Wilder Eastney

In Summer 2021 the Climate Board put a short article in PCC’s Flagship magazine inviting residents to get in touch if they wanted to ‘transform an unloved bit of land’ near them.

Community + nature = joy

The idea was to encourage residents to take more ownership of green spaces near them and make them more wildlife friendly: perhaps adding fruit trees, edible plants, wildflowers, bird boxes, etc. This would tackle the biodiversity crisis at the same time as the climate emergency, and also, we hoped, foster community and better relationships with the natural world.

Shortly afterwards a group of residents near Eastney got in touch and asked if they could enhance a one acre site called Marine Court Green, opposite the Coffee Cup cafe.

Ourselves and Andy Ames from HIWWT met up with them and helped formulate a plan for the site. The group liaised with Adrian Rozier, head of parks at PCC, and eventually permission was given to implement their plan.

September saw the first community gardening event by the group who decided to call themselves Wilder Eastney.

On the day, about 30 to 40 people came together to plant bluebells and snowdrops under the trees, and help build and fill two raised beds with soil and herbs and other sensory plants.

There were kid activities, food to share, visioning workshops, and some wonderful drumming and singing.

This was a big community effort: the ward councillors gave their blessing and £850 in CIL money, Forgotten Veterans UK provided the muscle and know how to build the raised beds, B&Q and TJ Waste provided the soil and tools, and Waterfront Garden Centre and Southsea Greenhouse donated plants and cuttings. In addition to this Wilko and Morrisons donated compost, and seeds, Sustrans did workshops, and Hampshire and IoW Wildlife Trust offered their expertise and birdbox building skills.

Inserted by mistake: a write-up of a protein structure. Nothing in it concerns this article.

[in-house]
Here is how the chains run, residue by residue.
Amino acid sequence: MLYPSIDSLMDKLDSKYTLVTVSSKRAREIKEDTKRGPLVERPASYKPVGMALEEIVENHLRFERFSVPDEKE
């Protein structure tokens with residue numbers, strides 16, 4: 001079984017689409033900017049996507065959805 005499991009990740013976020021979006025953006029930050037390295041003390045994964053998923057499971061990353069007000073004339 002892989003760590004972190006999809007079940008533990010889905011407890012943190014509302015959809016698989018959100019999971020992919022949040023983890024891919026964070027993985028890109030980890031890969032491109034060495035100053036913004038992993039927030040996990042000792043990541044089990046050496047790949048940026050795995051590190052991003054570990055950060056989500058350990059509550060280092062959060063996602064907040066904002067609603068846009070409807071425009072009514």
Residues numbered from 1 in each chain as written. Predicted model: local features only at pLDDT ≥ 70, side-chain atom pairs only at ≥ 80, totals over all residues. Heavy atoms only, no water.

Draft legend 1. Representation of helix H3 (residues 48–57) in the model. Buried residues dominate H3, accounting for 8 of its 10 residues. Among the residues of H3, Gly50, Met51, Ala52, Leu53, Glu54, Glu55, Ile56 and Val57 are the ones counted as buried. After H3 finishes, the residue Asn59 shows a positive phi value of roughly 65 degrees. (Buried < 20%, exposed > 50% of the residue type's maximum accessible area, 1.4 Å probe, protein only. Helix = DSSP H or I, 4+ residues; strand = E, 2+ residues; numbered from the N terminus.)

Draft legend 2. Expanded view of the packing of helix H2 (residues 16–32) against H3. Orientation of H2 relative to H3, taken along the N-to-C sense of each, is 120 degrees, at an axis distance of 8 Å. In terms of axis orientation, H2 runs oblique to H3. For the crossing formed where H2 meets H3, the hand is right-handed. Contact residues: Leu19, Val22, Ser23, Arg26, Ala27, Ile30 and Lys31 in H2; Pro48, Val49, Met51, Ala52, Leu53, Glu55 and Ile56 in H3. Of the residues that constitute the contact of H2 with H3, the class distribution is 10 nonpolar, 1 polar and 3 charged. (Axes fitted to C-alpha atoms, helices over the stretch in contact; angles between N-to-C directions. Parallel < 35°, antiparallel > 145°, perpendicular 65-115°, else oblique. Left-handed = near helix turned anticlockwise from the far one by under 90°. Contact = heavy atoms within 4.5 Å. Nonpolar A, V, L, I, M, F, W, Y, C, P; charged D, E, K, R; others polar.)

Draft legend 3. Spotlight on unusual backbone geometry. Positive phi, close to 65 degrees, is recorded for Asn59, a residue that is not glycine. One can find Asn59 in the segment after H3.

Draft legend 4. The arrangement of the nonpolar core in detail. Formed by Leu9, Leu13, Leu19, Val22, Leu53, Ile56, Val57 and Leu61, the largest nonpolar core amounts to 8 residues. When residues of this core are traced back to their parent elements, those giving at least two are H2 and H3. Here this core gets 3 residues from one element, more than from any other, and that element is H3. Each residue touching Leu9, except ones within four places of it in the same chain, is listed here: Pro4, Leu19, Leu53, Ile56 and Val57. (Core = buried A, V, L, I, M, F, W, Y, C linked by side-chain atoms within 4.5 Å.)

The next event was in December where the group planted a number of dwarf fruit trees (cherry, apple, plum and pear), donated by Charles Dickens Community Orchard (CDCO).

The idea was that trees would provide blossom in the spring for bees and butterflies and fruits in the autumn for residents and wildlife.

Residents were invited to (informally) adopt a tree and dedicate it to a loved one, which was particularly poignant given the many bereavements from Covid in the previous 18 months.

Tracey Jones from the Stacey Centre and Dennis David from CDCO gave instruction on how to plant and stake the trees, and will continue to educate the residents about how to look after them going forward.

The day was also designed as a celebration of the planting and to bring people together so featured wassailing and morris dancing.

Since then we have invited Richard Jones, the PCC ecologist and Pete, the PCC ranger for Eastney Foreshore, to the site and got their advice on how best to boost biodiversity

As a result of their advice we have mulched the trees and asked the Parks Department to relax the mowing regime around the borders of the site.

From April the planters started buzzing with insect life and blooming with poppies, cornflowers, thyme, lavender and much else besides. Some of the orchard trees are fruiting already with apples, damsons and plums.

We have also instigated a watering rota, because in this heatwave we have been advised that the trees would likely die.

Finally we invited Dr. Heather Rumble, a specialist in Green Infrastructure, to visit the site and she is going to map the biodiversity at the site, alongside our volunteers, as part of an ongoing project.

The story of Wilder Eastney so far has been a wonderful example of different organisations working together, with a group of residents at the heart of the project.

If you would like to be involved in Wilder Eastney email wildereastney@gmail.com.

Or if you’d like help to set up a similar group that can enhance green spaces where you live, then please email info@portsmouthclimateaction.org.uk.